Referring to "sceptical people" who have so far commented cynically on the eco island concept, she said in her speech, delivered before fielding questions, that "those who have not seen the improvements I have mentioned, must not be living in Malta".

Tuesday, July 08, 2008

Lesson in environmental protection from the US

Published on The Times of Malta on Monday 7th July, 2008 by Charles Sammut.

Politicians in Malta do not hesitate in claiming that they want to protect the environment. However Mepa, appointed as the environmental watchdog, has had no qualms in the past in issuing permits in sensitive areas that needed to be protected.

Here in the US the State of Florida has taken action in protecting the Everglades. The Everglades is a 50-mile-wide, slow-moving river full of saw grass, which is why it is nicknamed the River of Grass. In one of the biggest conservation deals in US history, the State of Florida has reached a tentative agreement to buy nearly 300 square miles of real estate from US Sugar's holdings, which is the largest producer of sugar in the US.

Under the deal, the state would buy US Sugar's holdings in the Everglades south of Lake Okeechobee, including its cane fields, mill and railroad line. US Sugar would be allowed to farm the 187,000 acres for six more years, after which it would go out of business. The state would then protect the land from development, which has been encroaching on the Everglades for decades.

We all know that "actions speaks louder than words". The State of Florida took the initiative to protect its natural heritage. Whereas in Malta speculators buy land in ODZ's like Ħondoq ir-Rummien and Ramla l-Ħamra and then roll the dice and hope that Mepa will grant them the permit to build their projects. Instead of the government buying that land and consolidating and protecting the natural treasure it hesitates and does not say a resounding no and many times acquiesces to the greedy developer.

Some contrasting actions! One government body made sure that a precious area is forever saved and in Malta instead of saying no to exploiting the environment the government allocates funds to have a study done on the impact of the proposed Ħondoq project. When one has to rely on a study to see whether a project would be detrimental to the environment, one cannot be taken seriously as far as environmental issues go. The promises during the election campaign were just that; hollow promises to attract more votes.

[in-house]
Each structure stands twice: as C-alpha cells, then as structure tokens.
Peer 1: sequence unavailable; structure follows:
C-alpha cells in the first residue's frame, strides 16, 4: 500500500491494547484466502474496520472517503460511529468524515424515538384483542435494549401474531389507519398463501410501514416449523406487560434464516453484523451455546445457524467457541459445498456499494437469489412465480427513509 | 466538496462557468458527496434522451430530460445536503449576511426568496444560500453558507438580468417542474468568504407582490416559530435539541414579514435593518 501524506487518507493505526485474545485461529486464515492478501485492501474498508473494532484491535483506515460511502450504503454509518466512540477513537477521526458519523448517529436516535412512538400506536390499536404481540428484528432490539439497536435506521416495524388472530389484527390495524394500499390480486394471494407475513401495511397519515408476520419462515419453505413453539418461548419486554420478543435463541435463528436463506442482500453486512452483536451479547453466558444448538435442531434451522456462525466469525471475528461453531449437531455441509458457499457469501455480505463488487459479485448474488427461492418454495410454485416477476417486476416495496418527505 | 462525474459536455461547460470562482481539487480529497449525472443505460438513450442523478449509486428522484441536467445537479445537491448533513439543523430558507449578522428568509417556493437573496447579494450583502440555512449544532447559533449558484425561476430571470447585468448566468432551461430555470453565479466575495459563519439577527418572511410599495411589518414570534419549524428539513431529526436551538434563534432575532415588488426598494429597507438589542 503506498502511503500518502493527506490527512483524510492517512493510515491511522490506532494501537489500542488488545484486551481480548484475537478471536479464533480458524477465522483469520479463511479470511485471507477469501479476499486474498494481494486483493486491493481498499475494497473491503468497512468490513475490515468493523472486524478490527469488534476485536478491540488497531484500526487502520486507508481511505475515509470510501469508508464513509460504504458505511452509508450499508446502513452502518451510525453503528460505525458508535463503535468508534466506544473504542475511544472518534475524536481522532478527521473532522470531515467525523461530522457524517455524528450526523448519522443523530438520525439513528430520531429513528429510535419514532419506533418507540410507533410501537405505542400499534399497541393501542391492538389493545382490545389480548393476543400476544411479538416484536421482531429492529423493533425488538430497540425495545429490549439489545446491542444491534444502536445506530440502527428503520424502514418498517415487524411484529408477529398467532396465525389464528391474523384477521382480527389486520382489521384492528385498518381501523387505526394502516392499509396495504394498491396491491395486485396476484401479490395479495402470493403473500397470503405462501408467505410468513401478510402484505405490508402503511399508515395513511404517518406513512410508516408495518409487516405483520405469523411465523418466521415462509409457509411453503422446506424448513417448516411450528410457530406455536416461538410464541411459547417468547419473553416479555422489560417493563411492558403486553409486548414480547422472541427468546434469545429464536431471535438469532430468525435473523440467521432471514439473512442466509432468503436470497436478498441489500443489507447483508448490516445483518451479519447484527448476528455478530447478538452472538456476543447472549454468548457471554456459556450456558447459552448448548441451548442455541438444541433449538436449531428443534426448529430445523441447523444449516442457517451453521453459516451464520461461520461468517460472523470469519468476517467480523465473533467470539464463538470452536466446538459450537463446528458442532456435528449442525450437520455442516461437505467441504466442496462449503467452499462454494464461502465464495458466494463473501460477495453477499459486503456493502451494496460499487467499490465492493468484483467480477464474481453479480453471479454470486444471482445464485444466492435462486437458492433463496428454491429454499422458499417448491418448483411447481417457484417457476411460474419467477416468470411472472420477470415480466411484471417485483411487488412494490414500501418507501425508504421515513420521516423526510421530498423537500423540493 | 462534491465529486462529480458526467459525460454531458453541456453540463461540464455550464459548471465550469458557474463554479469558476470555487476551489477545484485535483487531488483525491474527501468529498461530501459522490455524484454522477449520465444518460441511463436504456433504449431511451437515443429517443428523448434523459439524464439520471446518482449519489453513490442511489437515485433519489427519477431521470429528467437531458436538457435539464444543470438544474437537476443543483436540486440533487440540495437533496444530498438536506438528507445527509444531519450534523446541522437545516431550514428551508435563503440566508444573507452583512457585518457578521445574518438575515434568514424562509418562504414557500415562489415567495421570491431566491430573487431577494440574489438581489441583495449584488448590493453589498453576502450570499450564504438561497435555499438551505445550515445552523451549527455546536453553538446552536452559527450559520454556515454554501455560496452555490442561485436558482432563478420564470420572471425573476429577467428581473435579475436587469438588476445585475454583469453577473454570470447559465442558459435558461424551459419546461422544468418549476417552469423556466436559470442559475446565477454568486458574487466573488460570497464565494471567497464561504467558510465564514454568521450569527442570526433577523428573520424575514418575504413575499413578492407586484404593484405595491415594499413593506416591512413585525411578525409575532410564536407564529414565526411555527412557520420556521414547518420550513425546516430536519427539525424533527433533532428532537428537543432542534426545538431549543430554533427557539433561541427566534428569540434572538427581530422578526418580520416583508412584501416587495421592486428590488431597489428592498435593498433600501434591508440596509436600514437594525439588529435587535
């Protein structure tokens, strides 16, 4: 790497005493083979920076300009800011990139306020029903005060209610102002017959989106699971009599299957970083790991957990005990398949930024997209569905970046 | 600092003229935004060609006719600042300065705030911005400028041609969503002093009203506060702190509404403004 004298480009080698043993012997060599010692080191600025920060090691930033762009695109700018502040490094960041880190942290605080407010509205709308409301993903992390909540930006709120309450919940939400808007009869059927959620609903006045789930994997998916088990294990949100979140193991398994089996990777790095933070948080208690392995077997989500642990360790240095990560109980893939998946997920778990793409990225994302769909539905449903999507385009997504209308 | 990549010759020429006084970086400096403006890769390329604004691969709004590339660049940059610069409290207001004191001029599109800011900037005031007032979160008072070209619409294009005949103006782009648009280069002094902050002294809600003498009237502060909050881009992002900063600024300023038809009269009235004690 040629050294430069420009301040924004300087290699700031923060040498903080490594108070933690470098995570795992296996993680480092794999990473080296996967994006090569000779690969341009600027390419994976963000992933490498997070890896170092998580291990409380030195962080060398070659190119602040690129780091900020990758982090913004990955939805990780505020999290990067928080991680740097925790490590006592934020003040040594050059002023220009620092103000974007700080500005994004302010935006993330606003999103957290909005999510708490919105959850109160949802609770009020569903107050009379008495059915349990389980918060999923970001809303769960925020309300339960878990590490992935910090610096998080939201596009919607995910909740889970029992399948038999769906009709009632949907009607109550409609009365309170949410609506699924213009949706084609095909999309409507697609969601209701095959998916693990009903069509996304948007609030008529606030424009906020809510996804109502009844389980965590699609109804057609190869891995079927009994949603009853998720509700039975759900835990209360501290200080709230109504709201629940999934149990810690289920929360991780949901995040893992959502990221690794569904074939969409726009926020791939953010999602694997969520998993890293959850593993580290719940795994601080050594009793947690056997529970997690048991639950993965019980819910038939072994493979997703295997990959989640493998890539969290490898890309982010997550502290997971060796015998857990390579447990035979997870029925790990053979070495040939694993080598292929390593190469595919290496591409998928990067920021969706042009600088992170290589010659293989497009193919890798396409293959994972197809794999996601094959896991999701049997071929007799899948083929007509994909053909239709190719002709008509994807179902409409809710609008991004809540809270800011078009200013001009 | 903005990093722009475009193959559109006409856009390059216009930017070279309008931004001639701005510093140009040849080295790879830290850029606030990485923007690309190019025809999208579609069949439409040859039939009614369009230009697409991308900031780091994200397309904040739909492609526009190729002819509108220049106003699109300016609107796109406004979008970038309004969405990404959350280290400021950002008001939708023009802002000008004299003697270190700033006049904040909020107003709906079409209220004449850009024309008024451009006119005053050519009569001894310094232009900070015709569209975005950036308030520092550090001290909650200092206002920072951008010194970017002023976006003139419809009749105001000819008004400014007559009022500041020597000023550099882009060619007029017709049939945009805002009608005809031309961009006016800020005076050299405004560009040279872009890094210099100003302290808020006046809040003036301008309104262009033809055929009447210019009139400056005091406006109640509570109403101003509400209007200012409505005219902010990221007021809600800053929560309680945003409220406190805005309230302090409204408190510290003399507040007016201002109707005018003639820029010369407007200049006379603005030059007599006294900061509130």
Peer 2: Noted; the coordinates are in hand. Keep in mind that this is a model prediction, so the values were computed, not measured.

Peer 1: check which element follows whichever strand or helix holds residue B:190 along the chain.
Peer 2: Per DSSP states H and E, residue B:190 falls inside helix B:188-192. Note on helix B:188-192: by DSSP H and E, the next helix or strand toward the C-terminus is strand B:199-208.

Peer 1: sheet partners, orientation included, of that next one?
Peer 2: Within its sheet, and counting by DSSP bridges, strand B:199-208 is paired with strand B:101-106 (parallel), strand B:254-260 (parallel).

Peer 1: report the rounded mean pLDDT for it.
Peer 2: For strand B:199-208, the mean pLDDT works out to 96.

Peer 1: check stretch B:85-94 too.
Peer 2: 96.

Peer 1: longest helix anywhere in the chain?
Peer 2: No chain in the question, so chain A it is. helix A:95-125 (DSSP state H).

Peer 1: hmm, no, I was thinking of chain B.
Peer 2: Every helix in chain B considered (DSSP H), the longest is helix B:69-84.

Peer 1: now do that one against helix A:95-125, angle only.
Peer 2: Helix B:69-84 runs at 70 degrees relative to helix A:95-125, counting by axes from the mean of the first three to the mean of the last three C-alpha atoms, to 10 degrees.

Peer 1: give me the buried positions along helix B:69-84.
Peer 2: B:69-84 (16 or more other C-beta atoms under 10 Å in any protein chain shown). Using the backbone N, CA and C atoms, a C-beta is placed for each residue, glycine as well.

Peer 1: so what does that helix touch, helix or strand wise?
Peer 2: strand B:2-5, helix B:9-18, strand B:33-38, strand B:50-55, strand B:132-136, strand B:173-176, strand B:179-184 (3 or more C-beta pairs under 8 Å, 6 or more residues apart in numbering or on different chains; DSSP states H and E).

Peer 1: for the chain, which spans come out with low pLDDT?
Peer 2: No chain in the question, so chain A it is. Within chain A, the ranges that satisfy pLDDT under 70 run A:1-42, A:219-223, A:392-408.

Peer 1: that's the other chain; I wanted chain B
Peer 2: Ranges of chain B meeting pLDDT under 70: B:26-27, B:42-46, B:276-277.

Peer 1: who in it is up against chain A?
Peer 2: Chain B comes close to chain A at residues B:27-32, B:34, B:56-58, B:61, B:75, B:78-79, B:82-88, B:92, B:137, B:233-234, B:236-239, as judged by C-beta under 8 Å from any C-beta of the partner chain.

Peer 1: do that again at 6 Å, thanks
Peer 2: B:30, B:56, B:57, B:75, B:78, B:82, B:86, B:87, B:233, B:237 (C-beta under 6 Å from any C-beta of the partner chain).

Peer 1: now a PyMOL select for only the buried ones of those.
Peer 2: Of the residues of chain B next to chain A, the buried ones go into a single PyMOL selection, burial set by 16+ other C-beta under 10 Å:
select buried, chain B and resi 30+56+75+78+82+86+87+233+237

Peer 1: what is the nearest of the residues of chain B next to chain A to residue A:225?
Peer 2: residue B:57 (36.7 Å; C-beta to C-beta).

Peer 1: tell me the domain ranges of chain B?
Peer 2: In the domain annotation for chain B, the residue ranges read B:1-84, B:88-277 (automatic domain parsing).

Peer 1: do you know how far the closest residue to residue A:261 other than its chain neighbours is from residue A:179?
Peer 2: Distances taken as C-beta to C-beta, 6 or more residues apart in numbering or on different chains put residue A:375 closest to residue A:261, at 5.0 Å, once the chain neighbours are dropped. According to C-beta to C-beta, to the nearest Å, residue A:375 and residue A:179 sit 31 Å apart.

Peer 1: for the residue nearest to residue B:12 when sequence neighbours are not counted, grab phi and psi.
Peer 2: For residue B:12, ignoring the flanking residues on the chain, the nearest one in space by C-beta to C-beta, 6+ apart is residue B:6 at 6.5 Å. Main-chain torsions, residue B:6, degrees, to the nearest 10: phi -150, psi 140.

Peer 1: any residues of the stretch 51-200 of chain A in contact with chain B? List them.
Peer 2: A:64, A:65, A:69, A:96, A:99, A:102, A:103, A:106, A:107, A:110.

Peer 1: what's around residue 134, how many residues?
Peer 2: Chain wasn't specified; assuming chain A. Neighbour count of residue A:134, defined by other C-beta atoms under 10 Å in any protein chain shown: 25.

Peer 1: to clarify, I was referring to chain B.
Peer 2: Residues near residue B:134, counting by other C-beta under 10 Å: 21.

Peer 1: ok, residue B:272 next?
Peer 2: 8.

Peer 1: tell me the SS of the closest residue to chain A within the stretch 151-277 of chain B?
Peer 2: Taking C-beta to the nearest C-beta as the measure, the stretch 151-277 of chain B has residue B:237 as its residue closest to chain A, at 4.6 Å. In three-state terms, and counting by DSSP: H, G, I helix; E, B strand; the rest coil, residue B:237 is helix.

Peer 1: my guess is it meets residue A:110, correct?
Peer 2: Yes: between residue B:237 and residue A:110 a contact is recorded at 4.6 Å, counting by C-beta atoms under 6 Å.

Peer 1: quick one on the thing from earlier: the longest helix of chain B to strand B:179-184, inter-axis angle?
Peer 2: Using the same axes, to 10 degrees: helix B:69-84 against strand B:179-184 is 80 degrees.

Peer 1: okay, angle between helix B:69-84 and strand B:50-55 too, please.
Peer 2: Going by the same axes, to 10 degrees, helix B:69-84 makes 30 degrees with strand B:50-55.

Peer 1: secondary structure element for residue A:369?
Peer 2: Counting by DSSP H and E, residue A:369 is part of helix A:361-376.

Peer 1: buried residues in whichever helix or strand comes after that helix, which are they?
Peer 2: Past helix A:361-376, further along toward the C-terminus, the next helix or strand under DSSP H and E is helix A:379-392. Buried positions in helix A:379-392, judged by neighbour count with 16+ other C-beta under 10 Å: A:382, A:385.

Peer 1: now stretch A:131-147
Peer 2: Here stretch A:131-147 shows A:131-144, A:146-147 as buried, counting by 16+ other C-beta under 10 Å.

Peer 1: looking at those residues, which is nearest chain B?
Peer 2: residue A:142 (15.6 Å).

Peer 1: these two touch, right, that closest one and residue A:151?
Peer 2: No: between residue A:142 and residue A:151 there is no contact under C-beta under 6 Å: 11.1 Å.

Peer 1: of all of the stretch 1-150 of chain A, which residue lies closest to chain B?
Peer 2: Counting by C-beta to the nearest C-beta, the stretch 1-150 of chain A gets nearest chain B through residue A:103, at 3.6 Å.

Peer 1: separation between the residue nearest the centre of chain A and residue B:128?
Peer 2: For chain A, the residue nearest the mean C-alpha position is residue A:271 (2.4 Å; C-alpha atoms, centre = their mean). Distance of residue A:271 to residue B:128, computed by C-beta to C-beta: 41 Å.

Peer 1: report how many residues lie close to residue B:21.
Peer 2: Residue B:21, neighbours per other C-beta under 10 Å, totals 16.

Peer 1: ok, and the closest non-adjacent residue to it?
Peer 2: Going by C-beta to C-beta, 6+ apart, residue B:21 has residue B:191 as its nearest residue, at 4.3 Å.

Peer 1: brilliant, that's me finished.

It is about time that the Malta government gets a hint from the State of Florida and protects the few public areas left that only a tiny minority want to develop for personal gain with total disregard to the vast majority's wishes. Just plain lip service has never solved anything. Actually there is a precedent that took place at a location at Nadur. A vacant lot was turned into a public promenade by the Ministry of Gozo guaranteeing that the owner of the property across would never have his view blocked.

Proving that where there is a will there is always a way.

Wednesday, July 02, 2008

Obvious to tourists but not to politicians

Published on The Times of Malta on Wednesday 2nd July, 2008 by Charles Sammut.

The following comment was posted in The New York Times website on June 26 by one David Farnham, a recent visitor to Malta, in response to a very interesting piece in the Travel Section about Malta:

"Last month, I took my wife and three children to Malta for a week. Your story brought back some wonderful memories which are still very fresh in my mind. All you've said about Malta is true, but there is another side to the country which was particularly disturbing to me. The rampant, unchecked development of massive concrete holiday flats all over the island is ruining the place. There is very little oversight and many of the architectural gems throughout the country are rapidly being eclipsed by these new developments. You were right to stay in Gozo - much quieter!" I guess Mr Farnham said it all... why Lawrence Gonzi wants to spend €10,000 for a study on the ecological impact of the proposed Ħondoq development is hard to figure out. The Maltese islands need conservation and not more ugly concrete blocks. Funny how an American visitor figured this out in a second and yet the local politicians do not seem to have a clue.